I am a complete sucker for all Caribbean destinations. Ever since I was a little kid, I have travelled to a variety of the islands, all of which look more and more stunning each visit. I remember feeling that rush of heat when the doors of the 747 flung open. I remember the long lazy days by the swimming pool watching days go by without a care in the world. I remember the taste of my 20th cocktail of the day. I don’t, however, remember the night before… but that’s beside the point! It’s an incredibly relaxing place to visit, but for a pilot, seeing these islands on their rosters must cause their hearts to skip a beat. The islands are comparable to the Greek islands in Europe; they provide some of the most scenic and challenging approaches in the world. Whether it’s a low approach over a busy tourist beach, or avoiding complex mountain ranges, you’re always going to find variety when flying in the Caribbean. As a result, when a new developer releases a new Caribbean island, you can be sure I will jump at the chance to try it out.
Relatively unknown developer Runway Simulations 26 have been developing Owen Roberts International Airport (MWRC) for a while now, providing snippets of information and screenshots for quite some time. Until their release announcement, I personally have never heard of them, but immediately, my first impressions were rather positive.
With so many of the islands boosting scenic approaches, I decided to first use MWCR by approaching the airport from the east, going-around and flying some circuits low and slow in an Airbus. What was immediately striking is the level of detail that Runway Simulations 26 has gone into, not just with the airport, but the surrounding area as well. The lush green fields, and tropical palm trees and sandy beaches are all accounted for here, really giving you that Caribbean look and feel.
As I continued to fly around, I noticed that the nearby towns and docks were also modeled, complete with custom auto-gen and cruise ships. From a distance, these looked great, but as you flew closer, you start to notice that they are low-poly. Although this doesn’t really affect your flying experience, it does mean that performance isn’t compromised. For a new developer, the detail is staggering and the fact they’ve managed to cover a large area of the island means that the experience is seamless, which is also helped by the fact that it blends in well with Orbx FTX Global / openLC NA.
The airport itself has also received a great level of care as well. Owen Roberts International Airport is only a small airport, with a single use runway – relatively long for a Caribbean airport. Flying in the small jets is easy, but once you take the 777 for a spin there, things get a little more challenging, and parking the aircraft on stand also provides its own issues! The beautiful approach over the coast looks fantastic, with the waves almost crashing over the numbers! At first I thought this was an oversight from the developer, but looking at Google Maps, this is actually accurate! I can only imagine the pilot’s fear during stormy weather.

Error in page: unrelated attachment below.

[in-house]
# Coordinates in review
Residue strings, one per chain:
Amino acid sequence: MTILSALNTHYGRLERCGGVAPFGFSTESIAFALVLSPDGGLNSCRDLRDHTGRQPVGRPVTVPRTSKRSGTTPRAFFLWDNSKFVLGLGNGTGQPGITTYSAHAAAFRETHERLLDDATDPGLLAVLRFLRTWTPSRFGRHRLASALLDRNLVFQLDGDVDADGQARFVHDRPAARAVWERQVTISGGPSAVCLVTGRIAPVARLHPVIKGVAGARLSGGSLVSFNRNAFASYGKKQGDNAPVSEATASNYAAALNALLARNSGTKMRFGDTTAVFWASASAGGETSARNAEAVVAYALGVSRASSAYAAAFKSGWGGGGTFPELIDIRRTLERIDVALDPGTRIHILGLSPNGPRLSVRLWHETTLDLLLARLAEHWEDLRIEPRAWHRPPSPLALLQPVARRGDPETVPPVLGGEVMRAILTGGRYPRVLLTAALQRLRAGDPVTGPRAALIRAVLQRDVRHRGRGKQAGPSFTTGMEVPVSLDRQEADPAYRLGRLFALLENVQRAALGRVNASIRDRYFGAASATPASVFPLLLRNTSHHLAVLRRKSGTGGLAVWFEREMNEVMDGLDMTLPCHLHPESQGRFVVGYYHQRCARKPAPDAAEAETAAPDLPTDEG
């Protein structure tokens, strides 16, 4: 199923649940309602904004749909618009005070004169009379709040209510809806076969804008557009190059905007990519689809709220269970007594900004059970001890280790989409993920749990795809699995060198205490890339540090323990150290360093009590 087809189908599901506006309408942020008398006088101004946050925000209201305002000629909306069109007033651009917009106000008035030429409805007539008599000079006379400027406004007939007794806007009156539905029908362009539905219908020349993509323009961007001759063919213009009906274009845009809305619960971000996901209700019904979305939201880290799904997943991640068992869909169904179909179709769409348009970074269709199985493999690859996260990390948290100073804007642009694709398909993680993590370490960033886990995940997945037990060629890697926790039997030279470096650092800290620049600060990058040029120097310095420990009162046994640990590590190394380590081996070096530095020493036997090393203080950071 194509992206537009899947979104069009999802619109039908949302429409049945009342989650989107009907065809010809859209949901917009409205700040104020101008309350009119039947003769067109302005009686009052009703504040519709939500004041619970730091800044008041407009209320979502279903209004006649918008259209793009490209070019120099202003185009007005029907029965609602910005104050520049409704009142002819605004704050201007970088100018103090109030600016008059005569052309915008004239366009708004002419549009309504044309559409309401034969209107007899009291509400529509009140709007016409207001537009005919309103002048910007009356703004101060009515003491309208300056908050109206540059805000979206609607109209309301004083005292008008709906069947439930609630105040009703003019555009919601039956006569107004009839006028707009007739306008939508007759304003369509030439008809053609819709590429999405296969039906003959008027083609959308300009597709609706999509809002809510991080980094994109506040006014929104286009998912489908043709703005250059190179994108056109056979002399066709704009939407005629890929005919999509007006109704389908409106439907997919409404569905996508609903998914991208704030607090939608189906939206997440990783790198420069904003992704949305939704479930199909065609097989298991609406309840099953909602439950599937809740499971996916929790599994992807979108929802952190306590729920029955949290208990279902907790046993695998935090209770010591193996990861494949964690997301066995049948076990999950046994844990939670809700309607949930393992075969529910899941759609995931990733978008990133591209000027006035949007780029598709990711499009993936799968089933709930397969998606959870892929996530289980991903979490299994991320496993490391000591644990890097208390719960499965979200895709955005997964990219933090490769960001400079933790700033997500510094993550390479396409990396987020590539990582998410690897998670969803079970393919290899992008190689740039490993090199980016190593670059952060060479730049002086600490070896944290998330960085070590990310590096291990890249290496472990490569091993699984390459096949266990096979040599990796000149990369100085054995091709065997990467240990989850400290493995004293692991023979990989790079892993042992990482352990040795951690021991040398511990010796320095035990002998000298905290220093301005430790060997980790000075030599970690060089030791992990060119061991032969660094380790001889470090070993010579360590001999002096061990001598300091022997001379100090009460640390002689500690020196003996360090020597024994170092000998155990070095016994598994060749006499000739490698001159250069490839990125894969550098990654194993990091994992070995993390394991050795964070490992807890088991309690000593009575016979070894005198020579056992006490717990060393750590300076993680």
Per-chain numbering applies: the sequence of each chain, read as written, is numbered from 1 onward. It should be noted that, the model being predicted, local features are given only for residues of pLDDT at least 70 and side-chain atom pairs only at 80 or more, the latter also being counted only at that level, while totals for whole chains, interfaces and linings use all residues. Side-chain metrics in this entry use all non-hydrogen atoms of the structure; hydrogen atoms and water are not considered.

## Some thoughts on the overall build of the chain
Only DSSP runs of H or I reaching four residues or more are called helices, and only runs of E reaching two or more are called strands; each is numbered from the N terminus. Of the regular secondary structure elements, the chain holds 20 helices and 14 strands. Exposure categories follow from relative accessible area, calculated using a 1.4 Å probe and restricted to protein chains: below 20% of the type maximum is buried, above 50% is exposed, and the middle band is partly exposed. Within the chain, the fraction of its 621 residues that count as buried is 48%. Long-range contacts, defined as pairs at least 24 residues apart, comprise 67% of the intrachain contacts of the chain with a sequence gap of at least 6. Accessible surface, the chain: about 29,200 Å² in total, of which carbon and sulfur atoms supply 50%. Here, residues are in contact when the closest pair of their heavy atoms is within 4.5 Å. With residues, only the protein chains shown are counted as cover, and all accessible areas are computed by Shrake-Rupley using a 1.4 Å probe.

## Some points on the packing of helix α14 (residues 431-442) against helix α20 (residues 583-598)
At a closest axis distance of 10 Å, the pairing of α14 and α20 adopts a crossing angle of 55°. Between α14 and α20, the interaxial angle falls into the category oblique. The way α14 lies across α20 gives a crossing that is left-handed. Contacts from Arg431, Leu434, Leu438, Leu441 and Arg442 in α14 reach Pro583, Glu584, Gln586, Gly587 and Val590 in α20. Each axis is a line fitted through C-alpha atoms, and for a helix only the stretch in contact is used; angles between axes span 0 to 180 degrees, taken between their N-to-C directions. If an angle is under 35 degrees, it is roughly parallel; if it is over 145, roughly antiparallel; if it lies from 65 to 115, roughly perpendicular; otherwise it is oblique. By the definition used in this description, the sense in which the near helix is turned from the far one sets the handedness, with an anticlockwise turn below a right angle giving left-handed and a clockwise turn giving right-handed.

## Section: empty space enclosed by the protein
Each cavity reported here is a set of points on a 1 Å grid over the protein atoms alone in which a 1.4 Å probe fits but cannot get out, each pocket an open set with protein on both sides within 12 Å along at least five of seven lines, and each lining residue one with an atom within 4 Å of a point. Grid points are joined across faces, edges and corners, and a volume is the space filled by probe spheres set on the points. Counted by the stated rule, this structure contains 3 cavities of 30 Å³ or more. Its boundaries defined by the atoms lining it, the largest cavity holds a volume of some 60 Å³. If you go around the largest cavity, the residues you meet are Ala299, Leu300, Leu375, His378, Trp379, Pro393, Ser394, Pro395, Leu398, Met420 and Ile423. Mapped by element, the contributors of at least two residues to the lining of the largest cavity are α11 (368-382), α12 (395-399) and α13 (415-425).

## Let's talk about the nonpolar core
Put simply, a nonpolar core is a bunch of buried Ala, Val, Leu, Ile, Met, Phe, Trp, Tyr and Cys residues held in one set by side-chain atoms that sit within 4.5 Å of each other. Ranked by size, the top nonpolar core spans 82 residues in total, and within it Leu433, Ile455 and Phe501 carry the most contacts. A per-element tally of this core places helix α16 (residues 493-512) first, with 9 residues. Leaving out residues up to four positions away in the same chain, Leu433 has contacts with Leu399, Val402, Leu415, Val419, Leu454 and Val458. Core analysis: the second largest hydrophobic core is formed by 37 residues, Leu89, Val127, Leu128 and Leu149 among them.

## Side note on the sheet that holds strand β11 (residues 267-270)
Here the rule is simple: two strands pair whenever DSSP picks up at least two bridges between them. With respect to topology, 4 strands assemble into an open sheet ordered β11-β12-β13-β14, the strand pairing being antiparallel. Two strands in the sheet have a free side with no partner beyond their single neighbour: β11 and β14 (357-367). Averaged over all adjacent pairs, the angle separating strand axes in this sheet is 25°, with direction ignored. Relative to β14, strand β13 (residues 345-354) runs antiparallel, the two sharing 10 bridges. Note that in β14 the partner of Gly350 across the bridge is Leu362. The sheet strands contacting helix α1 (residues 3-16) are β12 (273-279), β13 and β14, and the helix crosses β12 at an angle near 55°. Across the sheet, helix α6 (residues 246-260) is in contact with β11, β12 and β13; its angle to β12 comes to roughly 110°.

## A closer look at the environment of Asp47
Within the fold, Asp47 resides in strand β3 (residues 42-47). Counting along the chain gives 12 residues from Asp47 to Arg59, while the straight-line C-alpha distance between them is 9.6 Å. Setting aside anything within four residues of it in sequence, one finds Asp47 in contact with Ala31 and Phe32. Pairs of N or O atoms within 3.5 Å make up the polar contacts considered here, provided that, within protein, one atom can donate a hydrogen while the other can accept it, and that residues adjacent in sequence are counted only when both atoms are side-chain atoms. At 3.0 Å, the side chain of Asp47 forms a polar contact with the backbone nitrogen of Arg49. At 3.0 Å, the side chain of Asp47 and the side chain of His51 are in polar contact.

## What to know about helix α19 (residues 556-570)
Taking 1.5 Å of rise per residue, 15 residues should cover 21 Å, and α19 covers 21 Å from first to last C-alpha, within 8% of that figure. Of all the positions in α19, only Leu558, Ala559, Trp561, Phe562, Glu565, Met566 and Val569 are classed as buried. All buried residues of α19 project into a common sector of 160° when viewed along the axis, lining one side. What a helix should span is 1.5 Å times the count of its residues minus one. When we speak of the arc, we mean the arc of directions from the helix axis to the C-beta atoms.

What I really admire about the developer is the small little details that they’ve included. The poor conditions of the runway are clearly visible, with worn away markers, faded paintwork and dirt down the sides of the strip. Again for me this has a real rustic Caribbean vibe, which sucks you in. With a small apron and limited taxiways, manoeuvring around the airport is relatively easy. As a result, the developer has had chance to really stick in lots of small details to admire. Everything from signage to parking stands is correct, with details showing signs of use. Unlike the surrounding area, the buildings at the airport are high in texture resolution, with plenty of polygons showing off every curve of the wonderful aircraft hanger. Just when I thought the airport was alive enough, I looked up to see a congregation of birds flying around, clearly in search of any food left lying around! Even with all these details, frames stay high and VAS remains low.
As the sun sets over the Caribbean sea, the night lighting begins to switch on. With all my praise for the day-texture set, it’s a shame I can’t say the same about the night textures. The airport itself is poorly lit, with very limited lighting to guide you in to the airport. Some of the textures themselves on taxi-way signage bleed away from the object itself. The approach itself also suffers due to the low resolution. The ‘lighting’ used, when close up, looks like yellow circles on the ground – a far cry from how detailed the texturing looks during the day. From the research I did, this isn’t so much the fault of the developer, as the airport itself is dim at night. However, the opportunity could have be taken advantage of. Since there is only limited lighting, I would hope that what lighting is available, it is made as detailed as possible. It’s passable, but a shame considering the quality of the rest of the airport.